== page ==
Using those criteria, 30 percent of Americans have reported they're engaged at work on previous Gallup surveys. Among college graduates, 38 percent are engaged in their work, Gallup found. And it didn't matter if they went to a public college or a private college, or to a top-ranked college or not. (Just 12 percent are "actively disengaged." The rest might be satisfied with their job but aren't as connected to it.)

Gallup also measures five areas of well-being outside work, including questions about whether people have "enough money to do whatever I want to do" or if they consider their physical health "near perfect."

Eleven percent of college graduates are thriving on all five criteria. (That's better than the population as a whole; on earlier surveys, about 7 percent of all Americans have scored as thriving on all five.)


Gallup cautions that college graduates and the population as a whole shouldn't be directly compared, because they weren't surveyed at the same time. But it's clear that, while college graduates are doing better than the nation on average, they're not doing that much better.

Student loan debt really does make you unhappy

Graduates without loan debt are seven times more likely to be living the Gallup good life than those with at least $40,000 in student debt. The results held true even after taking other variables, such as age and socioeconomic status, out of the equation, says Brandon Busteed, executive director of Gallup Education: As loan amounts go up, well-being goes down.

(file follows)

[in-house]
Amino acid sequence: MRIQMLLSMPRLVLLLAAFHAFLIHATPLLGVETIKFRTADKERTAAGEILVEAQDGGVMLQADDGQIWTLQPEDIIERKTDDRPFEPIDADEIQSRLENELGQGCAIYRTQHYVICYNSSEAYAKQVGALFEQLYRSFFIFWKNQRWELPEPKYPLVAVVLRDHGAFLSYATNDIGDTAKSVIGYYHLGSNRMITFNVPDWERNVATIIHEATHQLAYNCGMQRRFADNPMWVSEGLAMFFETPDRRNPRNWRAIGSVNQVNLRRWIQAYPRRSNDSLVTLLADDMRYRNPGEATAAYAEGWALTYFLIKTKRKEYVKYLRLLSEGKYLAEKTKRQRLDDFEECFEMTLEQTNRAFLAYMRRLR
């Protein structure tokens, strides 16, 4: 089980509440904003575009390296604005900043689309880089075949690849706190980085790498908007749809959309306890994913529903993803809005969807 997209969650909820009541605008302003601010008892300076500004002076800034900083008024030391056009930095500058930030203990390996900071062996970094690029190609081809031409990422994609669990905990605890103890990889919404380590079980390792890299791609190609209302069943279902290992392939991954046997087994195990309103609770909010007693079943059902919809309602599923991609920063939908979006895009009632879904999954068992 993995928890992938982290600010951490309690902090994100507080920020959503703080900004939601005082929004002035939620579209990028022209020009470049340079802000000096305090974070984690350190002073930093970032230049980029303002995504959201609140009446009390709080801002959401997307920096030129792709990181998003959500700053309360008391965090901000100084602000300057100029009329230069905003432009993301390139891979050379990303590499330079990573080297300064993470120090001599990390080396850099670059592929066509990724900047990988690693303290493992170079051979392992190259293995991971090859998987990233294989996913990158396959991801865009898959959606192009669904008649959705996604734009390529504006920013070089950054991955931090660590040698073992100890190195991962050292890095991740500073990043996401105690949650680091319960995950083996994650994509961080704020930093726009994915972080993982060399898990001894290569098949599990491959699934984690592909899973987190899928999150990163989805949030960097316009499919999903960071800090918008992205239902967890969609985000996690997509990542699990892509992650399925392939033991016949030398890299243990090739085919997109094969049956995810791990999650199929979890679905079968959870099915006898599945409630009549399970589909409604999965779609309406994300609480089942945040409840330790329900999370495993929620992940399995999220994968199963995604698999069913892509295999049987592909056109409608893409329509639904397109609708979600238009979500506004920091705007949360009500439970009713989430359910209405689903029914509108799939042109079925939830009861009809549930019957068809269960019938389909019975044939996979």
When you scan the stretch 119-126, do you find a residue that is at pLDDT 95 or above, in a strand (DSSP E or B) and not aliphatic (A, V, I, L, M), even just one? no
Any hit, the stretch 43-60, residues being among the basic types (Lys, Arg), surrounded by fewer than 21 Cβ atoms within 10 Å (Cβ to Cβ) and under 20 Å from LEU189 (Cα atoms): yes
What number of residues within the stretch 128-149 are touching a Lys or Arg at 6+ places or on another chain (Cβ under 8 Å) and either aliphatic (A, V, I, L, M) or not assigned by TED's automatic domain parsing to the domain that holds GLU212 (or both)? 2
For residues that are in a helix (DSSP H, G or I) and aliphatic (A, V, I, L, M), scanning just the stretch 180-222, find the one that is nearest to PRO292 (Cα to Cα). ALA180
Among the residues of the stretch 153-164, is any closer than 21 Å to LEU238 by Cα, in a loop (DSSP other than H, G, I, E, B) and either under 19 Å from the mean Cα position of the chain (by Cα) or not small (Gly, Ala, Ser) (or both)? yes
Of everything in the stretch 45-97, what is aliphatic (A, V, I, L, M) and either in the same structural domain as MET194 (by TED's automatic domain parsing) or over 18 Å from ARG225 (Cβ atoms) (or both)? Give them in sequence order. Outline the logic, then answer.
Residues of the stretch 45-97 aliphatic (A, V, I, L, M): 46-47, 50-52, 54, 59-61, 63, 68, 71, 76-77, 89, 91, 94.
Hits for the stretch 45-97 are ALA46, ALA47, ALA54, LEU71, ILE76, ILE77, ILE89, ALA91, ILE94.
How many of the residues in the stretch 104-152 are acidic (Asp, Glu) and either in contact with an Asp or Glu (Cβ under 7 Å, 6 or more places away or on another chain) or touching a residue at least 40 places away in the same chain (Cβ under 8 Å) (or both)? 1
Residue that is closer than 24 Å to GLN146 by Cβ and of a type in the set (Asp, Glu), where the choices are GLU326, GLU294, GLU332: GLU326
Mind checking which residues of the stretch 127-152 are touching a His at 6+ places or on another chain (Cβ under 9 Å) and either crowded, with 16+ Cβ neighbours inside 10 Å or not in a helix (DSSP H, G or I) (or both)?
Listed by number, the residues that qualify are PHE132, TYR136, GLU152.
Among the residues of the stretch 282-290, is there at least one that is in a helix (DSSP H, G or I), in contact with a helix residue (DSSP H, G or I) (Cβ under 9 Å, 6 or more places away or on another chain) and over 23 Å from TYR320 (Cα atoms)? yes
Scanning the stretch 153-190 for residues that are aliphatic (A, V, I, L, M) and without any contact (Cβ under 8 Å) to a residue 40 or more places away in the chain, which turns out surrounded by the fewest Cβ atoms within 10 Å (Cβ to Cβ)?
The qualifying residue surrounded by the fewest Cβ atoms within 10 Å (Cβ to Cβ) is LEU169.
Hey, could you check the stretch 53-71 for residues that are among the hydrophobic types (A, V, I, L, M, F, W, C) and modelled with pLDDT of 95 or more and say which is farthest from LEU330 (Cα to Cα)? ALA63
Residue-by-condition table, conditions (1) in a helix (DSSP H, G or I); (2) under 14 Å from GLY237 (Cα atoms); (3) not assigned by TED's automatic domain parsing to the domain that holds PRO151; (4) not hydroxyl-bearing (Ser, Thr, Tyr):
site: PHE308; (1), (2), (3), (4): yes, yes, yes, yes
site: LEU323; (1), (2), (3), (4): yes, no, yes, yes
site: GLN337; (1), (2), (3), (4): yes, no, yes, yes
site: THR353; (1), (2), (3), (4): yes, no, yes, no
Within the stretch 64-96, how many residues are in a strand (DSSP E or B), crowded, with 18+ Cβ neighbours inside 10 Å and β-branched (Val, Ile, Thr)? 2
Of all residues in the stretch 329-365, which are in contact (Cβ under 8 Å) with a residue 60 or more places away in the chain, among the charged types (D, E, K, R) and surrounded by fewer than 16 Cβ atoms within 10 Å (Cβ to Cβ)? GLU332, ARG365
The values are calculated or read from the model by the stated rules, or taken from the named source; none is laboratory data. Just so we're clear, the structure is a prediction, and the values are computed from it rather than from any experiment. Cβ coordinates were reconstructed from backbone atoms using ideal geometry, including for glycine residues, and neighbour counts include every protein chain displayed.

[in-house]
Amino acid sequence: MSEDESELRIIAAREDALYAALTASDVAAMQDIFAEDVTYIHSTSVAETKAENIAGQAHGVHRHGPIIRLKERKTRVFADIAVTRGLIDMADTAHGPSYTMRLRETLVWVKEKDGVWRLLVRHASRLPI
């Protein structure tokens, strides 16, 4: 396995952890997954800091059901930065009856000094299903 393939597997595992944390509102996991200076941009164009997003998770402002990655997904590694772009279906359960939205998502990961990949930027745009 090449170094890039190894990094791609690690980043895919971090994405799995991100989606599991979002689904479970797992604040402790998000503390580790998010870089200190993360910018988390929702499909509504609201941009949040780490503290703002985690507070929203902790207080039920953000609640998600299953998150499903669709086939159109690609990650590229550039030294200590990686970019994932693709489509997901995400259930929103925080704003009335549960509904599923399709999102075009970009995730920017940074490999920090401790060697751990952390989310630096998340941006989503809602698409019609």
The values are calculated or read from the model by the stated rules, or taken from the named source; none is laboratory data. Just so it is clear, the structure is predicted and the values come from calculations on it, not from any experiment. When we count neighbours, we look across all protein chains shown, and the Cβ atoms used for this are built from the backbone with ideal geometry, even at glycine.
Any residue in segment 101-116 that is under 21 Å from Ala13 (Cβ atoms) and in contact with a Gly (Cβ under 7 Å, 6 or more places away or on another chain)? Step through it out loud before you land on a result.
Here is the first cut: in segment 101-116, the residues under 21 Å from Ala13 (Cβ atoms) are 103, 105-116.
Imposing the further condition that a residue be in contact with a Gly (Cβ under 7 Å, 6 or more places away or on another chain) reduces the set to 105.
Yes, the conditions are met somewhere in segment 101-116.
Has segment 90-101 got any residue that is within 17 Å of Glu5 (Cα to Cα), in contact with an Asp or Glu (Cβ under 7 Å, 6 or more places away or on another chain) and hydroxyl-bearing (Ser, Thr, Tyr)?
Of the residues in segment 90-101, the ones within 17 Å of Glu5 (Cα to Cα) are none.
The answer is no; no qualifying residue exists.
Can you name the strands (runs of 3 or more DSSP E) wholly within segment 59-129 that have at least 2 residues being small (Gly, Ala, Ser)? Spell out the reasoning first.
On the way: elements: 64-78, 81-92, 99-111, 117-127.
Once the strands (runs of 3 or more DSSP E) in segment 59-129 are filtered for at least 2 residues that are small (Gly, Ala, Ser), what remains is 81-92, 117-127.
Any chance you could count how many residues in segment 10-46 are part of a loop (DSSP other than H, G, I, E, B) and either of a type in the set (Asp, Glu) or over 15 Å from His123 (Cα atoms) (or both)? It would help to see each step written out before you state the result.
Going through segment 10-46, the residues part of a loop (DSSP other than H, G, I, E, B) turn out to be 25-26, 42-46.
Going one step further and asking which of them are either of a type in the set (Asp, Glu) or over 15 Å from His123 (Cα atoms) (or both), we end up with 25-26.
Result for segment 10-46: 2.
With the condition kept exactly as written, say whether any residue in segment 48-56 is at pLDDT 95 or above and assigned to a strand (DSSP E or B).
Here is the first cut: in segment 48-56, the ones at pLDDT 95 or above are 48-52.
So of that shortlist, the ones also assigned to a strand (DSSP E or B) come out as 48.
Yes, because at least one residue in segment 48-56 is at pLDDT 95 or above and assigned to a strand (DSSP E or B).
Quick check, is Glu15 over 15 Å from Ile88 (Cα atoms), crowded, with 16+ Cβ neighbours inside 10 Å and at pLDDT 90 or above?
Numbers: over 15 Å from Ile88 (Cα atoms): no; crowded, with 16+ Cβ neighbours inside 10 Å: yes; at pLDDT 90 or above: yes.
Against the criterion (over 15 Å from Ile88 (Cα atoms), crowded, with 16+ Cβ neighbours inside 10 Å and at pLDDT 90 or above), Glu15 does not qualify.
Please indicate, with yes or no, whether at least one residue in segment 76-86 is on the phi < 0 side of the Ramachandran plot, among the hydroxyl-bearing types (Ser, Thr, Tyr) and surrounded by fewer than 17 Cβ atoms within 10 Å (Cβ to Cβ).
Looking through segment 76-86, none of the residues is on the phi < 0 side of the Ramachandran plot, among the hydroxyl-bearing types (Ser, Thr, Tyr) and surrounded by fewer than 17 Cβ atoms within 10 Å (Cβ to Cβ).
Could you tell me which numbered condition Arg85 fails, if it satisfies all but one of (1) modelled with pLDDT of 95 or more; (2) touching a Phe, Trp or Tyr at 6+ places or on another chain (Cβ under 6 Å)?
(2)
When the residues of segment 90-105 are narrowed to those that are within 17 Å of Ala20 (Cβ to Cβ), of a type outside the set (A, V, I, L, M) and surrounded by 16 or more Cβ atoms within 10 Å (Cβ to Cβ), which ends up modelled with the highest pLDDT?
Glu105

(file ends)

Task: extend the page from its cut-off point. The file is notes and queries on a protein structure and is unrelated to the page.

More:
Graduates with debt are also less likely to start a business: the bigger the debt, the less likely graduates are to say they've been entrepreneurs.

For-profit college graduates are doing worse

Graduates of selective and unselective colleges, of public and private universities, are about equally likely to have good lives and be engaged at work. But there is a significant difference between graduates of for-profit colleges and everyone else on both measures.


Gallup didn't survey students before and after they went to college, so it's possible that for-profit college graduates still fare better with a degree than they otherwise would have, Busteed says.

But one possible explanation – that for-profit colleges are more likely to enroll first-generation and minority students — doesn't apply. Busteed says Gallup found that in general, first-generation and minority students are as likely to end up doing well in life and at work as anyone else.

Students don't follow a formula for success

Busteed argues that expanding opportunities to internships, mentoring, and caring faculty doesn't have to be expensive. It doesn't even necessarily require that students attend in person; all of those elements can be part of an online education.

Still, just 3 percent of graduates follow all parts of Gallup's formula for success after college.

Colleges have known the factors Gallup picks out are important to keep students engaged in school until they graduate. For more than a decade, the National Survey of Student Engagement asked students how often they interact with faculty members outside of class and whether they participate in extracurricular activities.

How do individual colleges stack up?

The engagement survey's results aren't public, so it's impossible to tell.